Only a few more deaths from vCJD likely in UKBMJ 2005; 330 doi: https://doi.org/10.1136/bmj.330.7484.164 (Published 20 January 2005) Cite this as: BMJ 2005;330:164
Relatively few further UK deaths from variant Creutzfeldt-Jakob disease (vCJD) associated with infections in the 1990s are likely, says research from Imperial College, London, published online last week in Journal of the Royal Society Interface (www.journals.royalsoc.ac.uk, doi:10.1098/rsif.2004.0017).
The study was designed to assess the full extent of vCJD cases after previous research had given contradictory results. Recent trends in the incidence of vCJD seemed to show that the primary epidemic was in decline after the peak of 28 cases in 2000 fell to nine in 2004 (www.cjd.ed.ac.uk/figures.htm).
Projections based on this pattern predict relatively few further cases. But a recent study, which assessed the presence of the abnormal prion protein associated with vCJD in appendix and tonsil tissues, indicated a higher infection rate (Journal of Pathology 2004;203:733-9). Three of the 12 674 samples tested showed signs of apparent vCJD, indicating that about 3800 people could ultimately be affected.
The researchers at Imperial College, London, Paul Clarke and Azra Ghani, used mathematical modelling to explore two possible explanations for this discrepancy and to assess which prediction was more likely to be correct. The first hypothesis proposed that a proportion of people infected do not develop clinical disease, to explain the low incidence. Instead, they simply have subclinical infection that is apparent in lymphoreticular tissue but does not progress.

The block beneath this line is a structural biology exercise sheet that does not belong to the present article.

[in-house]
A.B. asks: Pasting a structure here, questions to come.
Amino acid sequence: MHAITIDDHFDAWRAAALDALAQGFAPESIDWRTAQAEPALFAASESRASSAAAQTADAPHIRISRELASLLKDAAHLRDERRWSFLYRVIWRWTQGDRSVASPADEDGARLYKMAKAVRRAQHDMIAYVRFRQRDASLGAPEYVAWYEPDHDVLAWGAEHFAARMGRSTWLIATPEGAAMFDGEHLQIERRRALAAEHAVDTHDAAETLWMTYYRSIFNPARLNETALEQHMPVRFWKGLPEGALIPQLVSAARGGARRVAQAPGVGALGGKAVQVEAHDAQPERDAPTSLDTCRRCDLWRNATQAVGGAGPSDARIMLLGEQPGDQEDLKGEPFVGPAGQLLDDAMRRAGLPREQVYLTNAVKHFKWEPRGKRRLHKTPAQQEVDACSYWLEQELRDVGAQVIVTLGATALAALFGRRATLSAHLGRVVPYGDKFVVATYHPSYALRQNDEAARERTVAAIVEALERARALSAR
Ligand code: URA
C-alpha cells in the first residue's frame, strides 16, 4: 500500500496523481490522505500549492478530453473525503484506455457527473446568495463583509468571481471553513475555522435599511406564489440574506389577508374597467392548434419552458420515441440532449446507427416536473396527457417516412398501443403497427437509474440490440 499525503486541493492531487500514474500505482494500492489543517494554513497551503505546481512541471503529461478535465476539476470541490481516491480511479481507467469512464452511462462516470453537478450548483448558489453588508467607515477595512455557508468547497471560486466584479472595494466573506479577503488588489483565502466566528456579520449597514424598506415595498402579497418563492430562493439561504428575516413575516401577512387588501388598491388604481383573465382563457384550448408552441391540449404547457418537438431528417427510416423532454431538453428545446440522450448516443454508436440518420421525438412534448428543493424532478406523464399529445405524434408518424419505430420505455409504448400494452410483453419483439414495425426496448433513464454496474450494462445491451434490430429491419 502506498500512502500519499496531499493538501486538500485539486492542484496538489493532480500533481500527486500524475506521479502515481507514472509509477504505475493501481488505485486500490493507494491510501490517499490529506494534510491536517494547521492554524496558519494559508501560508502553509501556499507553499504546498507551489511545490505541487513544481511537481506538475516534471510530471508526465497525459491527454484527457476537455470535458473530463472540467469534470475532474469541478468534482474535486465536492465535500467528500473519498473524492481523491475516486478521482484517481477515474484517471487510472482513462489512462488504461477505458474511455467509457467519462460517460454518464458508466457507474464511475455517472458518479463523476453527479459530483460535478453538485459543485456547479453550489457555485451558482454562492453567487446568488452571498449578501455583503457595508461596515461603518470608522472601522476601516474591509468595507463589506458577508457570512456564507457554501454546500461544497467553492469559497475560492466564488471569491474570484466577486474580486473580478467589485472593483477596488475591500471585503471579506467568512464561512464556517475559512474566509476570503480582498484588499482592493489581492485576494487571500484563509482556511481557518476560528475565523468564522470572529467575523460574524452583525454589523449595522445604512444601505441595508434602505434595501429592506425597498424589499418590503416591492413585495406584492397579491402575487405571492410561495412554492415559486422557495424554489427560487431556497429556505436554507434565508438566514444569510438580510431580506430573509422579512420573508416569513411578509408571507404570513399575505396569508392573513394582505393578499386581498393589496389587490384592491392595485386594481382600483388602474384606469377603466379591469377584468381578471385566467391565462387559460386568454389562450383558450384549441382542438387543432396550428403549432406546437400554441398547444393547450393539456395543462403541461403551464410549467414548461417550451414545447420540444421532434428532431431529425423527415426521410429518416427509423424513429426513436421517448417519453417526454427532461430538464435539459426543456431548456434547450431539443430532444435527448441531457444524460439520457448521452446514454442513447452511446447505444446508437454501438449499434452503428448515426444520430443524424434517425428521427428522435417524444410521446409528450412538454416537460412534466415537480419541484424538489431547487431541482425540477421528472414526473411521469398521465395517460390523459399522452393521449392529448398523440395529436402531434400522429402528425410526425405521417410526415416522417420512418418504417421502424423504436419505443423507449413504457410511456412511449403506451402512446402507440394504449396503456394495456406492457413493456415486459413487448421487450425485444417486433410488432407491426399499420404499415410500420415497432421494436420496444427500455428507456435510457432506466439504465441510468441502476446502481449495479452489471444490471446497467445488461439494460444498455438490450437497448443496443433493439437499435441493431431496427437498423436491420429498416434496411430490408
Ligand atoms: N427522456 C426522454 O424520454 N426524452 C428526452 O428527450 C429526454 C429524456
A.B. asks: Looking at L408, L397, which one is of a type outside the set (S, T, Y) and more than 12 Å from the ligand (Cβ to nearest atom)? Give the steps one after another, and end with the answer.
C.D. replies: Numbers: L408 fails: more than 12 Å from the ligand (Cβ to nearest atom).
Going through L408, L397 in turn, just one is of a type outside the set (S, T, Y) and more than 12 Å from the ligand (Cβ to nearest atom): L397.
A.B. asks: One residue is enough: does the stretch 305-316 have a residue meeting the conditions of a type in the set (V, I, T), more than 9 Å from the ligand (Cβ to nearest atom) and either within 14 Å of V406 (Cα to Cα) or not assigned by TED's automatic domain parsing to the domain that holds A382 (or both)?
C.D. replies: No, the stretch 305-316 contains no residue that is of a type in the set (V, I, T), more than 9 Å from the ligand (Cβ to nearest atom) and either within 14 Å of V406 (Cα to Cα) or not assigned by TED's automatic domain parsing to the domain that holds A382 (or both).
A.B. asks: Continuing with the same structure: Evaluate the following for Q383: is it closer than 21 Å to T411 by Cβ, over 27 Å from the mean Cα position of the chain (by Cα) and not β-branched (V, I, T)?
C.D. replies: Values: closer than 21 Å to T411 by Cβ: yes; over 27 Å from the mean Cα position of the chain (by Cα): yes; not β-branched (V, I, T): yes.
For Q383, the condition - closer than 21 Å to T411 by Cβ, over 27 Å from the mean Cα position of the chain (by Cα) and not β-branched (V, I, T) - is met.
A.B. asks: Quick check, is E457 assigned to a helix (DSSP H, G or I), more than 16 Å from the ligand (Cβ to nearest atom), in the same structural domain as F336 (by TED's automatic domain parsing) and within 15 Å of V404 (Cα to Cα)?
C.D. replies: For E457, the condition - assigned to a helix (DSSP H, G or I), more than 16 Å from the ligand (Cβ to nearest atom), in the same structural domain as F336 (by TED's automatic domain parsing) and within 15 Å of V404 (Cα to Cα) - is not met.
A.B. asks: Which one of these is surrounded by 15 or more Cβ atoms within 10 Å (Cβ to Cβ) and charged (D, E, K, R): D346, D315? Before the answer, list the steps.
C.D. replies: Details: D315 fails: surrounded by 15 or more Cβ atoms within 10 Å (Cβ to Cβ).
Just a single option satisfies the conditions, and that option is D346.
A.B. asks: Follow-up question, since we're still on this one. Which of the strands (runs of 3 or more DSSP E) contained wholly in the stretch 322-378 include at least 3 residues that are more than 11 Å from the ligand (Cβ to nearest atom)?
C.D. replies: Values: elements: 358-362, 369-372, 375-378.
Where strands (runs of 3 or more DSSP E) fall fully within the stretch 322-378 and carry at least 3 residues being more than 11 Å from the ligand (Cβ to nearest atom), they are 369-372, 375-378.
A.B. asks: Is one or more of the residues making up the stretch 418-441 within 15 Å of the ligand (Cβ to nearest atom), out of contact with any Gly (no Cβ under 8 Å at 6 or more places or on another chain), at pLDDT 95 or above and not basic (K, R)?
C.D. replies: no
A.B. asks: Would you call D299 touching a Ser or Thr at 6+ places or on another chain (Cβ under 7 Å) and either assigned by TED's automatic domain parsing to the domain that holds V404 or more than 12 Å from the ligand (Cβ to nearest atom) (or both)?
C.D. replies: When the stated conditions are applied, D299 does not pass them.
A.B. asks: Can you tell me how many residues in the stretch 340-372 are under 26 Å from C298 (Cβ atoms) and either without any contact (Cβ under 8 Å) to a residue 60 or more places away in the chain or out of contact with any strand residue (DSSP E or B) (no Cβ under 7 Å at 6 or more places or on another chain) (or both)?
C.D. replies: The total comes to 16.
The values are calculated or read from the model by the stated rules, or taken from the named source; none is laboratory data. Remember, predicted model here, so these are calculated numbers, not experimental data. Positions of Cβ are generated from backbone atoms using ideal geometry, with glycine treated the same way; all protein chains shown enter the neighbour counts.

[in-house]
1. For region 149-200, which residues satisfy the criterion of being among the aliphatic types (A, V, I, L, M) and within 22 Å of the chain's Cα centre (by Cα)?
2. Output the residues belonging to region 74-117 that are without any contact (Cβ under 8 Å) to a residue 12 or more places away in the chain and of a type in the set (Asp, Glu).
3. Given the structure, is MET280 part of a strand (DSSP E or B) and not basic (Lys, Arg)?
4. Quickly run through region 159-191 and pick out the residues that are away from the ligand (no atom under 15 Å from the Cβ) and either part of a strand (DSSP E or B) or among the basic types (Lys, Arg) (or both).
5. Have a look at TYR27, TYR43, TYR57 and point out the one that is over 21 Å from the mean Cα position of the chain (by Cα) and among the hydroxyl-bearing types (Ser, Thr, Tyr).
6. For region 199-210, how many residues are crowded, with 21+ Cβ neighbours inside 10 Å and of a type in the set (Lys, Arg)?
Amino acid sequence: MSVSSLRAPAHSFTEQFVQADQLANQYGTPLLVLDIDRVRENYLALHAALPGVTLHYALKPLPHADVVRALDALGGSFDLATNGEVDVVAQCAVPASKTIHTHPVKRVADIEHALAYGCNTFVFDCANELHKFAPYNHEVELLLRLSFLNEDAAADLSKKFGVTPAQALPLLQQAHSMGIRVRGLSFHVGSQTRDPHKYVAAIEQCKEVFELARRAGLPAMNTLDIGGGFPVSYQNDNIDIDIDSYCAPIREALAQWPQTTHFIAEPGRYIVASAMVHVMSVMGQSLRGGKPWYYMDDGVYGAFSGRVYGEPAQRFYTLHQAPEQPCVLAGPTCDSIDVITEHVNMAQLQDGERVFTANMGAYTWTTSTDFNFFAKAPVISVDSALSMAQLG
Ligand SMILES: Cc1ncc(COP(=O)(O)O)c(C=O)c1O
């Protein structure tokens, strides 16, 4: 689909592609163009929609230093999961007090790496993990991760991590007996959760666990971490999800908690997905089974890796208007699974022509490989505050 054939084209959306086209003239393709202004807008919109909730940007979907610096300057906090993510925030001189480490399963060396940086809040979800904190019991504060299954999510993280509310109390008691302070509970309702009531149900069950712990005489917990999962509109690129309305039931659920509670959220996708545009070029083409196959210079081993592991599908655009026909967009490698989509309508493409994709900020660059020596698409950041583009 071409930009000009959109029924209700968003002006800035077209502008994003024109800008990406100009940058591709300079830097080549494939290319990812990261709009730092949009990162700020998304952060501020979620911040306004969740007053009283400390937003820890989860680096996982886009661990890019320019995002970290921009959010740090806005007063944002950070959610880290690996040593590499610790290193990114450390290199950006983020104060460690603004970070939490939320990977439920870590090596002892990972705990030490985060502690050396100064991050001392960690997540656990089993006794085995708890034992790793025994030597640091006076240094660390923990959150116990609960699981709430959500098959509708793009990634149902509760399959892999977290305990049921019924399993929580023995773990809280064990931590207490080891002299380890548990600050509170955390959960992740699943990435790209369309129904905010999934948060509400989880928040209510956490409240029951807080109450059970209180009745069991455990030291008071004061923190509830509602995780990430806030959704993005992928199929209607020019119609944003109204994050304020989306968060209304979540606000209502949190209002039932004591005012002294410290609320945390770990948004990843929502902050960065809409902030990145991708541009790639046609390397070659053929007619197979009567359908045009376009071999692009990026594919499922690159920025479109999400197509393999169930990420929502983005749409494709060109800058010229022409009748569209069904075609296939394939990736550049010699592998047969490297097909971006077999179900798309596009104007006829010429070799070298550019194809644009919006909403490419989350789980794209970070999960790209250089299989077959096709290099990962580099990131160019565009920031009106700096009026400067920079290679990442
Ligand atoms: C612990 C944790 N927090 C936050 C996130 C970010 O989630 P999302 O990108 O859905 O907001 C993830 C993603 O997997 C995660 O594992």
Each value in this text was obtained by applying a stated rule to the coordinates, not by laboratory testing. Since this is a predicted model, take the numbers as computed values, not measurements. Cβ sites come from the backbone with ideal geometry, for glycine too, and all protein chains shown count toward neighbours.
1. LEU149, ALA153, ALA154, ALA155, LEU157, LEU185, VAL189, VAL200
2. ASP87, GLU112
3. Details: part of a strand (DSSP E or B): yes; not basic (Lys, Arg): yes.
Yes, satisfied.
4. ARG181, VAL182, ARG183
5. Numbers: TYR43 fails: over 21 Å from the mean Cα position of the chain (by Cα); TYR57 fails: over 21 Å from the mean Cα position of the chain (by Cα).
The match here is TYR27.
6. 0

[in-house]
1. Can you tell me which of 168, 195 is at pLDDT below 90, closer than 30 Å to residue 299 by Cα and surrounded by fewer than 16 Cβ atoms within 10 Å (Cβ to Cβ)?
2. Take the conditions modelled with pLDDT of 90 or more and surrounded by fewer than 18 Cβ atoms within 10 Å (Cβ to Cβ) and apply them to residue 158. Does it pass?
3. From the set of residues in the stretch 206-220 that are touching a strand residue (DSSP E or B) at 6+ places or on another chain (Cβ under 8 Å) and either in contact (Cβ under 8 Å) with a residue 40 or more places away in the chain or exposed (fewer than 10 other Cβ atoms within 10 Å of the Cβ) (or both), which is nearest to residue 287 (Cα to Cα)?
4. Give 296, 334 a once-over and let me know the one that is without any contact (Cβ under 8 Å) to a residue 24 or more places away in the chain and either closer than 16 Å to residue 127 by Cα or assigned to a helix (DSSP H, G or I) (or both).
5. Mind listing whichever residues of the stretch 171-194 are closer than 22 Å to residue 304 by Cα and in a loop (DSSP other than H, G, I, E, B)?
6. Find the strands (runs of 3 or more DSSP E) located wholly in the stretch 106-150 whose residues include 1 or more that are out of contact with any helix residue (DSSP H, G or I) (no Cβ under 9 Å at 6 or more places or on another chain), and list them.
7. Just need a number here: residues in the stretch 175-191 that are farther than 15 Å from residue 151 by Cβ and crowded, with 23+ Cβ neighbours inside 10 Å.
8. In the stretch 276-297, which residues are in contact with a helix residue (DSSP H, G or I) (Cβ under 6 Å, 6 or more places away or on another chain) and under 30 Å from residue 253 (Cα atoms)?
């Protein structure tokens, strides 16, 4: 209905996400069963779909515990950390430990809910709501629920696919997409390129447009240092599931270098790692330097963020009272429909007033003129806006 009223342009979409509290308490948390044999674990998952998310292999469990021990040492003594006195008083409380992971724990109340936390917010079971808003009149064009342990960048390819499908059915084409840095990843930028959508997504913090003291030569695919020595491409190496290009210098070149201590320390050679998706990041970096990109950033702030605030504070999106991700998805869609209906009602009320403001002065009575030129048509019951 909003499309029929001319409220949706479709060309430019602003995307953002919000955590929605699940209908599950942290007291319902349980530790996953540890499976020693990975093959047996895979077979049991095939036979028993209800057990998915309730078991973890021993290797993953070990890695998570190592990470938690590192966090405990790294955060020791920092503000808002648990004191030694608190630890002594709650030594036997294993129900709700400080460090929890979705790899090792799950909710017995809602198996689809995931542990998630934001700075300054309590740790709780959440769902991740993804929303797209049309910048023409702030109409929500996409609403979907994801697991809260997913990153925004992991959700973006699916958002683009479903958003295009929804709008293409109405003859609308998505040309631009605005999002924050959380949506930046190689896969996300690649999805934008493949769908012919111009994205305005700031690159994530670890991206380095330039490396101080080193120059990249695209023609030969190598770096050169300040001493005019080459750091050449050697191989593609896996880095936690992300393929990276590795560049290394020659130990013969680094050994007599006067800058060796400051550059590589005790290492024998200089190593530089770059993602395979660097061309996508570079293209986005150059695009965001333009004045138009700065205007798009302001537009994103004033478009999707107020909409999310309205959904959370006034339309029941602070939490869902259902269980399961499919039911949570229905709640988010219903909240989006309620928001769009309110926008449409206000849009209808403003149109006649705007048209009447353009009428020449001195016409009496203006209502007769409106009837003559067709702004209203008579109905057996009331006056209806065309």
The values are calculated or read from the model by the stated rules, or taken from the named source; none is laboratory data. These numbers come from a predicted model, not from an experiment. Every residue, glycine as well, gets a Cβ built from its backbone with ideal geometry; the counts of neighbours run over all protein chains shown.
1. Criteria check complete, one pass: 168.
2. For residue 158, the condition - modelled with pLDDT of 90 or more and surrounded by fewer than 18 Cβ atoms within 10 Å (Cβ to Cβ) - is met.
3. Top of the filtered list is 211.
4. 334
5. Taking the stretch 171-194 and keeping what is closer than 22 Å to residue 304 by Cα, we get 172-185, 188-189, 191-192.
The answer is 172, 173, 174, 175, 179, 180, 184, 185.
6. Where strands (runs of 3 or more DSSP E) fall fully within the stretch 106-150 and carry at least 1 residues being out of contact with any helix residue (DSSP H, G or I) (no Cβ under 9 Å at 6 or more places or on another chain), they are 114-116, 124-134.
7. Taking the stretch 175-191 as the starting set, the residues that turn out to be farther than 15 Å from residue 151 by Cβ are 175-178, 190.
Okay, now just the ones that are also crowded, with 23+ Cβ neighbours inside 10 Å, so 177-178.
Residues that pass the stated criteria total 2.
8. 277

The second suggestion—the worst case scenario—assumed that the existence of a genetic group in which no clinical cases have yet occurred but which is susceptible and could develop the disease in the future.
So far, only one genetic subgroup has been affected—the 40% of the population that is methionine homozygous (MM) at codon 129 of the PrP gene. But the researchers also calculated the number of possible cases that could occur if people from other genetic subgroups were to develop vCJD.
Using the first hypothesis, the results predicted that primary transmission would account for about 70 cases even though a much larger number of people might be infected. The results of the second hypothesis indicated a maximum fivefold increase in cases, totalling another 600 deaths.
Dr Clarke, a statistician at the department of infectious disease epidemiology, said, “The first scenario we analysed makes sense and fits the data so far. This suggests there is little chance of large numbers of vCJD infections from primary transmission occurring in the future.
“One of the most plausible explanations for the discrepancy between clinical case numbers and this estimated prevalence is the possibility that a proportion of infected individuals do not go on to develop clinical disease within their normal lifespan. We estimated that several thousand people might be infected but [would not go on] to develop clinical vCJD.”